Change argument storage for compatibility with Python 3.6.
Review Request #9518 — Created Jan. 22, 2018 and submitted
The function call opcodes in Python 3.5 and earlier contained a
parameter indicating how many positional and keyword arguments were
being passed to the function. KGB 1.0 made use of this to determine what
specific positional and keyword parameters to pass on to the original or
fake function for a spy.
Python 3.6 removed this information from the opcodes, instead depending
more on the data provided on the stack before the call. The parameter
contained the total count of arguments (positional and keyword) for most
of its function call opcodes, but one didn't even include that.
Unfortunately, we don't have access to the data passed on the stack, and
parsing the bytecode to get it is far too complex and slow.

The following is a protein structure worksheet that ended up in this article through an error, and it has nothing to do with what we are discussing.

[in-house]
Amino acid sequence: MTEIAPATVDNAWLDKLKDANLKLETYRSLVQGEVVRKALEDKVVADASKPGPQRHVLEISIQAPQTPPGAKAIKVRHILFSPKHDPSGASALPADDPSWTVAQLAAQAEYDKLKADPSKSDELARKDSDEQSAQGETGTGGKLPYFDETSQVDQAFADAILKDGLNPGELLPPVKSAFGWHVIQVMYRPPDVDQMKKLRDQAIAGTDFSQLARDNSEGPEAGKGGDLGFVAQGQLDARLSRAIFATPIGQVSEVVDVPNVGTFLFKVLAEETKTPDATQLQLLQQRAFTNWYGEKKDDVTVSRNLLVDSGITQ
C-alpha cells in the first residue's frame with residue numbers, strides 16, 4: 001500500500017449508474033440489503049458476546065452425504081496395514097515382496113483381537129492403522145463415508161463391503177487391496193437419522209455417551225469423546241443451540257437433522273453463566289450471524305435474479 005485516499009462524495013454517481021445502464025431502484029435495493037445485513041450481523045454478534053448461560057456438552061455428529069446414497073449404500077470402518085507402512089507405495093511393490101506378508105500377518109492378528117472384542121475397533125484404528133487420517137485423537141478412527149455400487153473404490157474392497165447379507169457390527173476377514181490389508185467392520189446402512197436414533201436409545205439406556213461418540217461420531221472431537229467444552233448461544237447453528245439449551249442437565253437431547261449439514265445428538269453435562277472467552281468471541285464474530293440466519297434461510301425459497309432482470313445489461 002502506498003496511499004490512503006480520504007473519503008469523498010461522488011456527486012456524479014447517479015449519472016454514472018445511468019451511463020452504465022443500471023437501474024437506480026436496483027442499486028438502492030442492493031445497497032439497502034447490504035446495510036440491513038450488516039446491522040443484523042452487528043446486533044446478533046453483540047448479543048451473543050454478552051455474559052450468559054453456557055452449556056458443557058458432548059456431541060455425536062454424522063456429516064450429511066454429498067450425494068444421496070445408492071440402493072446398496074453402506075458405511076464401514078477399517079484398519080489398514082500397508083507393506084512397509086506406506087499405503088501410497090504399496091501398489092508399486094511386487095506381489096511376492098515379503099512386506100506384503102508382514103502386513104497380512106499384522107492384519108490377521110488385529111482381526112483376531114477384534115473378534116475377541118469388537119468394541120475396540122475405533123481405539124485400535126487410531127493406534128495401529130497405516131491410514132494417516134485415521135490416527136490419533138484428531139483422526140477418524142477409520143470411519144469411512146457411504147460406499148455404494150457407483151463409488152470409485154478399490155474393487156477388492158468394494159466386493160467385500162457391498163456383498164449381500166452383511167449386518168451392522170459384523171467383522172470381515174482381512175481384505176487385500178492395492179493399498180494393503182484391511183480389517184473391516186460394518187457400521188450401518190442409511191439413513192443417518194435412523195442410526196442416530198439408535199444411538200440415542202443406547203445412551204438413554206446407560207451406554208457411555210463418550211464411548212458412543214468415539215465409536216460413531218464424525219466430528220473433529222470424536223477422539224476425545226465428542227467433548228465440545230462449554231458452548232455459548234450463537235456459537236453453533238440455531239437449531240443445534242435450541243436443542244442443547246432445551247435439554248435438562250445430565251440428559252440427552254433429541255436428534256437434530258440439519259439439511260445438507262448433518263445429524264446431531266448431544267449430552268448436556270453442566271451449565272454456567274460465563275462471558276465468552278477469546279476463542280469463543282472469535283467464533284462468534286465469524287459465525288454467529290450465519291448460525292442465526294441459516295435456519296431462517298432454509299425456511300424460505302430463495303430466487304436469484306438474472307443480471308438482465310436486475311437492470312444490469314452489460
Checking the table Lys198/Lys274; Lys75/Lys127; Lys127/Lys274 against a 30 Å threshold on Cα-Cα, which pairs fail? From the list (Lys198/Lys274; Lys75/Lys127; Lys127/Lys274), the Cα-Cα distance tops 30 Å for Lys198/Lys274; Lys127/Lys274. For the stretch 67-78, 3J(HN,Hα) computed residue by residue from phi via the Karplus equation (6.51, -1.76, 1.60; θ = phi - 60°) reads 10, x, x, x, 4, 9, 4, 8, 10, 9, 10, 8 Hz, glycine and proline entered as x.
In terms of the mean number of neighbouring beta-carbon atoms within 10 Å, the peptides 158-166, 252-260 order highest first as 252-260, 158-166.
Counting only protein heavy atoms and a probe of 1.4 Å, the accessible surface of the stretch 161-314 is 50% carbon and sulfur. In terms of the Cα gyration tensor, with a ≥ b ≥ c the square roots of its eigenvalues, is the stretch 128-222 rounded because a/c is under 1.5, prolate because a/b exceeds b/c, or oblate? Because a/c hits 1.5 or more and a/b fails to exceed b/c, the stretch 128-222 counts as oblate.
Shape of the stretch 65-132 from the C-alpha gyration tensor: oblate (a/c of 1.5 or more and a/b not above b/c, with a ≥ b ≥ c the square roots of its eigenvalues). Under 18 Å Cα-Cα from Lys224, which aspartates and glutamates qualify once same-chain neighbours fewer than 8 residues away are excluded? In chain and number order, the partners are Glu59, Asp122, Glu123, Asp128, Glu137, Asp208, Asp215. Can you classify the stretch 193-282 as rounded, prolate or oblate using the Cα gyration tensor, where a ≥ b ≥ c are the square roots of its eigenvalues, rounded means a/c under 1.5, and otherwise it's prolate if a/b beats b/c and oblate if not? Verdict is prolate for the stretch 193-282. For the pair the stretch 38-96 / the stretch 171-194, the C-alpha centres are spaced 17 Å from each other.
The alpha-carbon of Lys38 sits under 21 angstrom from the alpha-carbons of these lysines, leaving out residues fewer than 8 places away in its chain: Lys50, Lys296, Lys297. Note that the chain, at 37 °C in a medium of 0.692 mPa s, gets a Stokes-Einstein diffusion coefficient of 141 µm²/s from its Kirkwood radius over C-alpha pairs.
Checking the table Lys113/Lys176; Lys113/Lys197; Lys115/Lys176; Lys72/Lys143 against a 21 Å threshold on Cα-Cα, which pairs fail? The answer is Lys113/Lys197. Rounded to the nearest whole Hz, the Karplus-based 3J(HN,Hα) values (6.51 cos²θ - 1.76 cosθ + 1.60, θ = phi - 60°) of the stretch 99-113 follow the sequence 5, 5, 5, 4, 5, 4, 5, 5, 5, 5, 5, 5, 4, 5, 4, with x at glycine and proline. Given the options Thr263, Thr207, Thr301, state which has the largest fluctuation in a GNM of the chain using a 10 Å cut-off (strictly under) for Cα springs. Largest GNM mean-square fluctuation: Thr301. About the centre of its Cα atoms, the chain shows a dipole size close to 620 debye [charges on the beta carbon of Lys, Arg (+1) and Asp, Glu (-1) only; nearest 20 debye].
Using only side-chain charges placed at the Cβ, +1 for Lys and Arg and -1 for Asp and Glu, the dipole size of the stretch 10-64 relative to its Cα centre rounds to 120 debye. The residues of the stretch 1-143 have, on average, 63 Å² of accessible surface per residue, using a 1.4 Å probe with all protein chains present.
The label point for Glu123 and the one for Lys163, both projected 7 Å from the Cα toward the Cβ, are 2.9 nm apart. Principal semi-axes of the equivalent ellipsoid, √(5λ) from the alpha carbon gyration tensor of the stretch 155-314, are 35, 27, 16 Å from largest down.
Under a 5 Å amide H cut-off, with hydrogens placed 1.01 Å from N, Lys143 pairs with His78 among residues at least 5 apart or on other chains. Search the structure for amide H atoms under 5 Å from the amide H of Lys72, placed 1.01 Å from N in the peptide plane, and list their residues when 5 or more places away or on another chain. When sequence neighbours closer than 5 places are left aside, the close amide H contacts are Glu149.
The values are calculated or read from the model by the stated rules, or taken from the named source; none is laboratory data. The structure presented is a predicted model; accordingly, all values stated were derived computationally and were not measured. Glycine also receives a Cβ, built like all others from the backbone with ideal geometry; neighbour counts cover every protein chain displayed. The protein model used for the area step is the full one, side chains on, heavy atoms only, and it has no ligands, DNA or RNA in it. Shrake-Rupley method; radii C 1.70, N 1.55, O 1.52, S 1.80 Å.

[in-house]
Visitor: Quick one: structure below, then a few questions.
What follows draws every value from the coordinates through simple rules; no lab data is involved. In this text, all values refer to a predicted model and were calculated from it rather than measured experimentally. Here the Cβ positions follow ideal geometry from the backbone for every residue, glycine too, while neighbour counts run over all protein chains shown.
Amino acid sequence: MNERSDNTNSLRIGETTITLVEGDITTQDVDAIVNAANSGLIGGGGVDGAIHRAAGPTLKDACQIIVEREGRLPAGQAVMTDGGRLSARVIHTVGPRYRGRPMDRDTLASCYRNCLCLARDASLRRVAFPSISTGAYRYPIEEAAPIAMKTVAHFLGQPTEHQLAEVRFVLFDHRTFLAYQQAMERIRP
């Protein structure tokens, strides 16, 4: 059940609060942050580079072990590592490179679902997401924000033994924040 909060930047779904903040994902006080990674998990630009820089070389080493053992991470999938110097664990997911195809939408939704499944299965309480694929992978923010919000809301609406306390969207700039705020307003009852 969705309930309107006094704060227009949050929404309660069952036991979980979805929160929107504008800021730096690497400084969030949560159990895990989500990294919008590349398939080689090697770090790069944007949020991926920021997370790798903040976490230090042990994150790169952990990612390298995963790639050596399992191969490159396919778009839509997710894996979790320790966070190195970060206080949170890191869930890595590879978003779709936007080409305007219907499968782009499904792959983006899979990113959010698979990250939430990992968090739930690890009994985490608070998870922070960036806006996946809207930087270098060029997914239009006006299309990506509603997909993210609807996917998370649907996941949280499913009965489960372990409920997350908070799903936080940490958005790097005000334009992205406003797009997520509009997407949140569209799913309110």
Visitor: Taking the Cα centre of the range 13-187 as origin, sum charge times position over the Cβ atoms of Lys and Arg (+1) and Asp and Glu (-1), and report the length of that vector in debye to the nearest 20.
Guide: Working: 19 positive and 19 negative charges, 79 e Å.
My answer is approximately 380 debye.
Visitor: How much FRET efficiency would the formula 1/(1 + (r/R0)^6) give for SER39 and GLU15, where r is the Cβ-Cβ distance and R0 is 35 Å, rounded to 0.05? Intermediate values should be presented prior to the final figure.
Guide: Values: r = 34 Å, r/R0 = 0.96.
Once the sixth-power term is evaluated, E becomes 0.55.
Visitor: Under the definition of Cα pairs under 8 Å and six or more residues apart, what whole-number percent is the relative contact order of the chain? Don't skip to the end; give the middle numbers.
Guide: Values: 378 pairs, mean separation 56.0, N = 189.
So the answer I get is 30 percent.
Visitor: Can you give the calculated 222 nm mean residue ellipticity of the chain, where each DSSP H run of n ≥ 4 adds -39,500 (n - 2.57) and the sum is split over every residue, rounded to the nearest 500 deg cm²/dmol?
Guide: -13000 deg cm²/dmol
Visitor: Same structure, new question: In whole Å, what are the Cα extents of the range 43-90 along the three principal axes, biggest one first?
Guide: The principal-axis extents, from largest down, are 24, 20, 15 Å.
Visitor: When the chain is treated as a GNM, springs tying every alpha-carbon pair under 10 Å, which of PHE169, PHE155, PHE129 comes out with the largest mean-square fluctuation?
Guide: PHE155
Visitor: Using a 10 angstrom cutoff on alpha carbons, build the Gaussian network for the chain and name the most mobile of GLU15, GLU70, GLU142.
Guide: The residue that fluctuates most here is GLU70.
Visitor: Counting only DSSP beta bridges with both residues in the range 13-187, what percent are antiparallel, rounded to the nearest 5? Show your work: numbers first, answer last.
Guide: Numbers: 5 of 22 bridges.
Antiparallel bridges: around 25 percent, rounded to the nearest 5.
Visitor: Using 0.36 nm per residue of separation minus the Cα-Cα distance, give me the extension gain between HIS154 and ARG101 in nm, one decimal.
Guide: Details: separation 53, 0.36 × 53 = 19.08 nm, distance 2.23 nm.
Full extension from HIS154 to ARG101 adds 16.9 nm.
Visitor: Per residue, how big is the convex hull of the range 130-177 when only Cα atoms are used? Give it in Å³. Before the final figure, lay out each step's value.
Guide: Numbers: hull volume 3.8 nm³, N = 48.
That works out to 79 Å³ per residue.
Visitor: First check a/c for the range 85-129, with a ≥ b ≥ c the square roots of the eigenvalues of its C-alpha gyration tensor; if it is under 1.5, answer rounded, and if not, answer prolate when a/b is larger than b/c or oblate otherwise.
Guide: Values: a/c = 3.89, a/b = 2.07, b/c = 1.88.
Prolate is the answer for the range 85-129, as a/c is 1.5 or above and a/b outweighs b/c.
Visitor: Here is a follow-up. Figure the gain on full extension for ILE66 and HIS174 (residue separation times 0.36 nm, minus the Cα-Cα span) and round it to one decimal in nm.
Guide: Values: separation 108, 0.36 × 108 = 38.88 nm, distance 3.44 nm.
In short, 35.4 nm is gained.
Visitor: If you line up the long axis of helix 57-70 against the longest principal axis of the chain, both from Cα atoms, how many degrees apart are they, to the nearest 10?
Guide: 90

To solve this, and provide Python 3.6 support, we no longer try to
replicate the original function call exactly. Instead, we pass all
positional and keyword arguments defined on the funtction.
Realistically, this should be fine, because under the hood Python will
pass the function all positional and keyword arguments anyway
(positional is required, and defaults are injected into the keyword
arguments dictionary and then passed to the function).
This does change some behavior, however. Prior to this, if a positional
value was passed to a keyword argument, or a positional argument was
specified as a keyword argument, consumers could check for this, since
the exact way the parameters were passed would be stored. Now, that's
not the case. No matter how you pass a parameter, it will go in the list
of positional arguments or keyword arguments based on the signature of
In a way, this is better, because callers are more likely to change
than function signatures, so by testing against the function signature,
tests can be more stable.
Unfortunately, this had to remove the pretty awesome bytecode inspection
exec()that we had before, but in the end that's probably
for the best.
Unit tests pass on Python 2.7, 3.4, 3.5, and 3.6.